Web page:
Aiming to put multiphysics simulation capabilities within reach of mainstream engineers and scientists, COMSOL completely revamped COMSOL Multiphysics with a new user interface that takes a page from CAD tools.
The centerpiece of the new COMSOL Multiphysics Version 4.0, due out by year end, is Model Builder, a set of graphical programming tools that guide users from model creation to simulation results, while providing full control and oversight of their simulation tasks. Via its dynamic model configuration approach, users can build a model in the new environment simply by right-clicking to perform such tasks as importing CAD geometries, meshing, specifying specific materials properties, solving and plotting results. Users can also set up the desktop's appearance easily to their preferences using the docked window placement capabilities.
Despite growing recognition of the importance of early simulation as part of the product design process, many engineers still don't have access to sophisticated multiphysics simulation capabilities, due primarily o the complexity of the offerings. "(With Version 4.0), if you know CAD, you know our tool," says John Dunec, COMSOL's vice president of sales. "With Model Builder, we're trying to move the program closer to what design engineers are comfortable with."
Philippe Masson, senior scientist with Advanced Magnet Lab and a long-time user of COMSOL Multiphysics, said Version 4.0's new usability features will undoubtedly make the tool more accessible to engineers, especially those not that familiar with physics. "People get scared when there's too much physics involved," says Masson, who uses COMSOL Multiphysics for electro-thermal simulations of one-of-a-kind magnets used in physics and medical applications, among other uses. "Previously, (with Version 3.5) you had to understand the equations before you solved them. Now, (with Version 4.0) you can set up the problem with a few clicks and you don't have to check the equation if you don't want to."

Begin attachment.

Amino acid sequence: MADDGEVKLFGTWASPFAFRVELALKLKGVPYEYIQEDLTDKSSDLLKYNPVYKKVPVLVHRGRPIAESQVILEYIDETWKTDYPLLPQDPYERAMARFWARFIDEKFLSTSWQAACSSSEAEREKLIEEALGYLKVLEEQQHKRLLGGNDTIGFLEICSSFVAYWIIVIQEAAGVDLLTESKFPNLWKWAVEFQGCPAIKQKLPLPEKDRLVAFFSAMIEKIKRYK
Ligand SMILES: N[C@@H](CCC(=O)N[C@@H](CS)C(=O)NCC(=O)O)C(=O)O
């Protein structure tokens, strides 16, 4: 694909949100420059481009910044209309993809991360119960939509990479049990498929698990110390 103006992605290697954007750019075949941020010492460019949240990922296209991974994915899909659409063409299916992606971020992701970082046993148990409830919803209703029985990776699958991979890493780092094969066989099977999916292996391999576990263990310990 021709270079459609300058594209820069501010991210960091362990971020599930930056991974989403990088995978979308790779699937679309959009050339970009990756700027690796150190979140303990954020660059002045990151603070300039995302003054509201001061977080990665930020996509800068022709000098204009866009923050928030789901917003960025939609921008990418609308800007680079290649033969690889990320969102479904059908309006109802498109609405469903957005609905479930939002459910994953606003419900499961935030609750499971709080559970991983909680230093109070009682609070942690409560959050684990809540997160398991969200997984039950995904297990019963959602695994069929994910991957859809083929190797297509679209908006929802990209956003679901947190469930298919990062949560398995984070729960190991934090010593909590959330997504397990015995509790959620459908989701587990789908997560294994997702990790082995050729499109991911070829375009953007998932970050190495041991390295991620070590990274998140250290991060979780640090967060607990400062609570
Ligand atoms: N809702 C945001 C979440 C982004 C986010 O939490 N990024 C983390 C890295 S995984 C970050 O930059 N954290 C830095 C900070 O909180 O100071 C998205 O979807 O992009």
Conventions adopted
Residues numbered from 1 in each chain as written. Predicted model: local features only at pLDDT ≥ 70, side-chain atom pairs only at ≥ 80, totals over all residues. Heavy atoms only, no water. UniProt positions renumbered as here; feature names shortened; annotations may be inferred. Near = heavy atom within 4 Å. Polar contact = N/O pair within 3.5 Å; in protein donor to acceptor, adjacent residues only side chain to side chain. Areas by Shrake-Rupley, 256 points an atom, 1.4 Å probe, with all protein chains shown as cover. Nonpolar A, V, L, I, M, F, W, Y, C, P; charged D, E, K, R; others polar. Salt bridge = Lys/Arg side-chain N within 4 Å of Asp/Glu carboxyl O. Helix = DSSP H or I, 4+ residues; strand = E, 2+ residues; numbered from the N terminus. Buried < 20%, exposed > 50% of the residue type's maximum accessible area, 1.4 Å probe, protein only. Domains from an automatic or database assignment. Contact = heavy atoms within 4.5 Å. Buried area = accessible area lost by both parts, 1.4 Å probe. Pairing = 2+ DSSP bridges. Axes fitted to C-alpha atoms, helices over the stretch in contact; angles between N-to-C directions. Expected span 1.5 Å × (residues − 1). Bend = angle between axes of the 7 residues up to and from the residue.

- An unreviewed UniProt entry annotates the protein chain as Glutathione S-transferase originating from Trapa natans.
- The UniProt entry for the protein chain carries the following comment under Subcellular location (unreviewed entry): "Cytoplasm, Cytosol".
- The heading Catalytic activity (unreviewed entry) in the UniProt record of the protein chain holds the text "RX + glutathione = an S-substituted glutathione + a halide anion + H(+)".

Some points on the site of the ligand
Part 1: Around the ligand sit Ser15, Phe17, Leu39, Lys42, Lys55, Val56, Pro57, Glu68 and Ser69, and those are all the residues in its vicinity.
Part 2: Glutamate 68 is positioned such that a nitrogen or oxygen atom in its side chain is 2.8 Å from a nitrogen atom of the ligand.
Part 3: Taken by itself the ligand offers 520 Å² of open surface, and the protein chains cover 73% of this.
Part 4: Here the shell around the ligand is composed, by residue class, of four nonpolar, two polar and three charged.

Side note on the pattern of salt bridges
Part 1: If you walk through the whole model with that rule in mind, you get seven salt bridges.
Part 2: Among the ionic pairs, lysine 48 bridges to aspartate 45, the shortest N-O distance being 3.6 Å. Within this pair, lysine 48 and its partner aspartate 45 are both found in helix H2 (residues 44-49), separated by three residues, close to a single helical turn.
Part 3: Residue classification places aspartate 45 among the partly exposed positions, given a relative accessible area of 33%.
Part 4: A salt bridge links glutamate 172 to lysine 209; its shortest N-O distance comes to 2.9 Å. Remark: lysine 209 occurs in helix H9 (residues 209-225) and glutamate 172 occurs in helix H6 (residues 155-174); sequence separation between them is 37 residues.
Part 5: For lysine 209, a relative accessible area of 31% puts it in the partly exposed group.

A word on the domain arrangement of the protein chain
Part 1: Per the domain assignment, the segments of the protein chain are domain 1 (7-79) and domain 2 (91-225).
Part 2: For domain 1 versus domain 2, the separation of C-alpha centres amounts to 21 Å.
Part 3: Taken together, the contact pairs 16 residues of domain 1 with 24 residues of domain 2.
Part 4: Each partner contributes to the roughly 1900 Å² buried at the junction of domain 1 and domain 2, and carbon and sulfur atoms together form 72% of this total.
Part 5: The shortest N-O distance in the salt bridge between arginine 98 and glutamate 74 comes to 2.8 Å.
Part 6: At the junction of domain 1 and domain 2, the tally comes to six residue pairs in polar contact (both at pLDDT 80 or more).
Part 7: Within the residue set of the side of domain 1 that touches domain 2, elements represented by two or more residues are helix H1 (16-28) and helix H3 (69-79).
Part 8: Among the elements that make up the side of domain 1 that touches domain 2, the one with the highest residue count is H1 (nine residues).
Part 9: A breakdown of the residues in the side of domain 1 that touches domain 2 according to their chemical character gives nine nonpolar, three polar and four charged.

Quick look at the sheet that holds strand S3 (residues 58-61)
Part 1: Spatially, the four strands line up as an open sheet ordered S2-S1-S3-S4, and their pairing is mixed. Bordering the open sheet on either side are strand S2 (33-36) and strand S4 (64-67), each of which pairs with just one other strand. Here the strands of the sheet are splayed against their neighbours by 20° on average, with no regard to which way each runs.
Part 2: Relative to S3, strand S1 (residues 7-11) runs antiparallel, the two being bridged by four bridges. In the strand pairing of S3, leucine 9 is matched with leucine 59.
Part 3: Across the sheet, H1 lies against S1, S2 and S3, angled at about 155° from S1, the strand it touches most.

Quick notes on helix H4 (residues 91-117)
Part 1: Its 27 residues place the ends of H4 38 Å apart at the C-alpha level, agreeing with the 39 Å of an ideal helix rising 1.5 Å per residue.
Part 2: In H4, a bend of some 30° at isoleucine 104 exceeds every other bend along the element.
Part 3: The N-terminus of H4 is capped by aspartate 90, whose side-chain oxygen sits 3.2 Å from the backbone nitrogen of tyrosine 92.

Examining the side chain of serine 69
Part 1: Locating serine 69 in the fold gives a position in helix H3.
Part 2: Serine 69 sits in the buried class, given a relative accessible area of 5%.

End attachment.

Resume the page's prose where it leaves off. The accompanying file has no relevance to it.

For Masson, a self-avowed advanced COMSOL user, the built-in database functionality of the new release is more appealing, as it lets him record and save the steps of any model and simulation scenario, enabling reuse for another simulation or if the model is redefined. "This capability saves me time," he says. "Everything you do is kept in the database ... so you have access to past work." For example, if Masson was doing a series of plots and wanted to do another, older versions of COMSOL Multiphysics would require that he'd discard past work and start from scratch. What's appealing about Version 4.0, he says, is that he has access to those previous plots to use as a starting point.
Along with the interface improvements, Version 4.0 supports expanded CAD interoperability with the new LiveLink for PTC Pro/ENGINEER, a tool that creates a seamless connection between the two environments. As a result, engineers can change a feature in a Pro/ENGINEER CAD model and have it automatically update the geometry in COMSOL Multiphysics, while retaining physics settings. There are versions of LiveLink already available for SolidWorks and Autodesk Inventor.
Finally, COMSOL Multiphysics Version 4.0 supports parallel processing on standard multi-core computers as well as distributed memory systems (clusters). The new release also supports Windows Compute Cluster Server 2003, Windows HPC Server 2008 and Linux.